Reviews of the Pioneer Players production of ‘Company’

Reviews of the Pioneer Players production of Company

Bring ‘Company’ to see the theatre club’s show this weekend

This show was reviewed by 2022 Utica University alumnus Gabby Hudziak

The outline of New York City skyscrapers, sleek black benches and three gray doors welcome the Utica University community to the world of Stephen Sondhiem’s “Company.”

The show is being performed by Pioneer Players Theatre Club, directed by Dennis J. Clark and assisted by student Marygrace Kehrli. A live band located near the bottom right corner of the stage provides orchestrations for each number.

The cast boasts an equal number of students and community members, as well as multiple students as part of the crew and design teams.

I didn’t know much about “Company” before watching it. I’d heard a song or two before, I mean it is Sondheim after all, but it was nothing like what I expected. 

“Company” is the story about a 30-something year old man named Robert and his married friends who care about but deeply misunderstand him. The show is high-energy, displaying great performances from both the student and community actors alike. 

It is incredibly funny, with a great deal of balance between slapstick and general comedic timing with simple dialogue. There is also something deeply sad about the show, filled with well-meaning people trying to help someone when they don’t understand what’s going on with him, nor do they necessarily acknowledge what’s going on in their own life.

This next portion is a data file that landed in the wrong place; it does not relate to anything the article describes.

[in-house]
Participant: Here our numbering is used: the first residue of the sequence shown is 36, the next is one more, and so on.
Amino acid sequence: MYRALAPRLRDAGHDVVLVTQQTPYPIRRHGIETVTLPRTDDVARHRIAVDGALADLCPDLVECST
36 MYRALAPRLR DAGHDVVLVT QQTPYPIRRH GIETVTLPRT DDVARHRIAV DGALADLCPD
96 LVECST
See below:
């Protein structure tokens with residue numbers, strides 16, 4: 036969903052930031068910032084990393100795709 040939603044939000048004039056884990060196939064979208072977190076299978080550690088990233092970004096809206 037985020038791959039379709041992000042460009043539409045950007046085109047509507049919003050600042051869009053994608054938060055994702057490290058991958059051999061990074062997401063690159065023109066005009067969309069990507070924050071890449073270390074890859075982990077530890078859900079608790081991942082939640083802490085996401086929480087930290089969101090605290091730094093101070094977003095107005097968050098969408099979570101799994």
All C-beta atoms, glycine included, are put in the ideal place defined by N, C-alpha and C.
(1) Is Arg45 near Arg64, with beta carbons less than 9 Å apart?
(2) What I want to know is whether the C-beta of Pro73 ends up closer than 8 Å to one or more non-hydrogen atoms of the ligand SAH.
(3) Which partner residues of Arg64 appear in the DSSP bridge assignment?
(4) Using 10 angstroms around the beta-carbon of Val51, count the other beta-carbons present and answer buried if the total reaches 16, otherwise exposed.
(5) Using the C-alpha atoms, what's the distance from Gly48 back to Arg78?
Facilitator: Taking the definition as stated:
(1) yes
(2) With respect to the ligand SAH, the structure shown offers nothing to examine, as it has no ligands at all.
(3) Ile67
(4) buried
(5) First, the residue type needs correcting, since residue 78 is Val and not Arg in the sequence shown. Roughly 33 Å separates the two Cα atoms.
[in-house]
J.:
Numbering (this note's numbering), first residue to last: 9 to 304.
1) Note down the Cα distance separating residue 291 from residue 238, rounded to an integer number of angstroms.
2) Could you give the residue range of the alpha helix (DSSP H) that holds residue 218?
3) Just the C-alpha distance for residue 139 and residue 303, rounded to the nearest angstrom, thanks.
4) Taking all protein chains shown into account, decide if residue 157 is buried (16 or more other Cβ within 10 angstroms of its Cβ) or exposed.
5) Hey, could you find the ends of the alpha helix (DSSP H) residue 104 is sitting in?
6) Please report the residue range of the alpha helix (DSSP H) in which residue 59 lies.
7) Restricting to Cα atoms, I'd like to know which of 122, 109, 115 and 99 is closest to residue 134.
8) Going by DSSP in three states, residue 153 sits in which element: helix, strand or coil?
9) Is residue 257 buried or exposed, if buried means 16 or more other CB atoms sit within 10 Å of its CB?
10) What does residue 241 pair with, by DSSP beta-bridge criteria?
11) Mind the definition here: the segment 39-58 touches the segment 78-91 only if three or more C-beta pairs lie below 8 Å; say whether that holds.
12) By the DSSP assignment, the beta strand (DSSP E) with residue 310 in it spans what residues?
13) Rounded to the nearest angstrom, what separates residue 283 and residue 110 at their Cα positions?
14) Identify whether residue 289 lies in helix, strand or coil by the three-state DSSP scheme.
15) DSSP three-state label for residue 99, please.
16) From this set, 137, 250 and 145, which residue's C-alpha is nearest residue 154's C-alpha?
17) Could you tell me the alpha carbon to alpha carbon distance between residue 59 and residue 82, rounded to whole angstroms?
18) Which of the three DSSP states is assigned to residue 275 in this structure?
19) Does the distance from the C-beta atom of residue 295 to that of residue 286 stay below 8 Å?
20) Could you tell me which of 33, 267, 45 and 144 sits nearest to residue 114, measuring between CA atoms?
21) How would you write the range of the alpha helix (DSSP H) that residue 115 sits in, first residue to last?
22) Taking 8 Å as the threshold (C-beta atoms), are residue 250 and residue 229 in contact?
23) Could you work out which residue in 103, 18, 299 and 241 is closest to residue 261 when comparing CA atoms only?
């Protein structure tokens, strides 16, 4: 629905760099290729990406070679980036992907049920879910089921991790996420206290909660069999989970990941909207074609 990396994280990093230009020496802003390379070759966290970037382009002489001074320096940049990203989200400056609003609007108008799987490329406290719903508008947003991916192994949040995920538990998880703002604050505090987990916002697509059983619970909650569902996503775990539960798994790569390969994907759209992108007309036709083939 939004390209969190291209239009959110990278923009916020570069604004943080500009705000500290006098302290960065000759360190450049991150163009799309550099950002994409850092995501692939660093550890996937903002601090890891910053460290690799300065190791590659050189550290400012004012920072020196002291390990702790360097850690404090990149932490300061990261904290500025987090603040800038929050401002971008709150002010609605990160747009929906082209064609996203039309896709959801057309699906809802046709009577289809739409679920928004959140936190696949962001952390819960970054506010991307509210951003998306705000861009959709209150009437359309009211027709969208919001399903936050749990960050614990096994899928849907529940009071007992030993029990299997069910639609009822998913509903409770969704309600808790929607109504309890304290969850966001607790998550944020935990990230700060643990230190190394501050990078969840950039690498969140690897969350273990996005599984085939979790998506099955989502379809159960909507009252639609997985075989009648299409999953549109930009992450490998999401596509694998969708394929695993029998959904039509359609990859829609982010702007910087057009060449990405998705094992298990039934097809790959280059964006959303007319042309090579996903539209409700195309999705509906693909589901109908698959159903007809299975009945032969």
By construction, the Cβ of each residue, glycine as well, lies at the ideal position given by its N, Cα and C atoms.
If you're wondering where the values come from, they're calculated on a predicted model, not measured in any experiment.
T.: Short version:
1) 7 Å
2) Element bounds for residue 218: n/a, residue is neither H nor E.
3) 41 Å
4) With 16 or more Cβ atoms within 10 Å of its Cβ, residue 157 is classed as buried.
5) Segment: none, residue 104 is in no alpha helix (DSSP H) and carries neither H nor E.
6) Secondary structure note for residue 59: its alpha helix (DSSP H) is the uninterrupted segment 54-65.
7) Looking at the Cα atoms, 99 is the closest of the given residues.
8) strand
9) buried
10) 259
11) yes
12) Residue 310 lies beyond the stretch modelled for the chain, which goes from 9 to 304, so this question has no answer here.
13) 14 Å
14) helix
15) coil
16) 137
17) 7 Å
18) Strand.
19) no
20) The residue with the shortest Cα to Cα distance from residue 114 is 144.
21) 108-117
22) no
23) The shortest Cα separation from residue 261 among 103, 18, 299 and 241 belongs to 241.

The musical performance was great, with each member of the cast getting their time to shine. I would especially like to highlight the performance of community member Jessica Wilk, for her incredibly funny and incredibly beautiful vocal performances. 

I would also like to commend Shayla Pominville’s performance during her song “Not Getting Married Today.” I greatly enjoy whenever theatrical performances acknowledge their own fourth wall, and this performance had that in darkly comedic spades. 

The show features scenes throughout the years of Robert’s life during visits and outings with his married friends, also a few dates with various women. In these, I was struck by how the music was integrated into each scene. Generally, it was kind of like the supporting characters were some sort of omniscient, humorous Greek chorus, commenting on and playing with the scenes around them. 

The show was an interesting choice for a college theater club, particularly due to the emphasis the story puts on the ages of the characters. The characters in the show are in their thirties or older, and this actually matters to the plot. It seems to be about dealing with growing older, with the framing device being Robert’s birthday.

It was hard to reconcile that personally when the cast was primarily made up of college students in their early 20s. This of course is not to say that the actors weren’t doing a great job, nor that they aren’t talented, I believe they did a marvelous job. It was just a bit of dissonance between what I was seeing and what it was supposed to mean.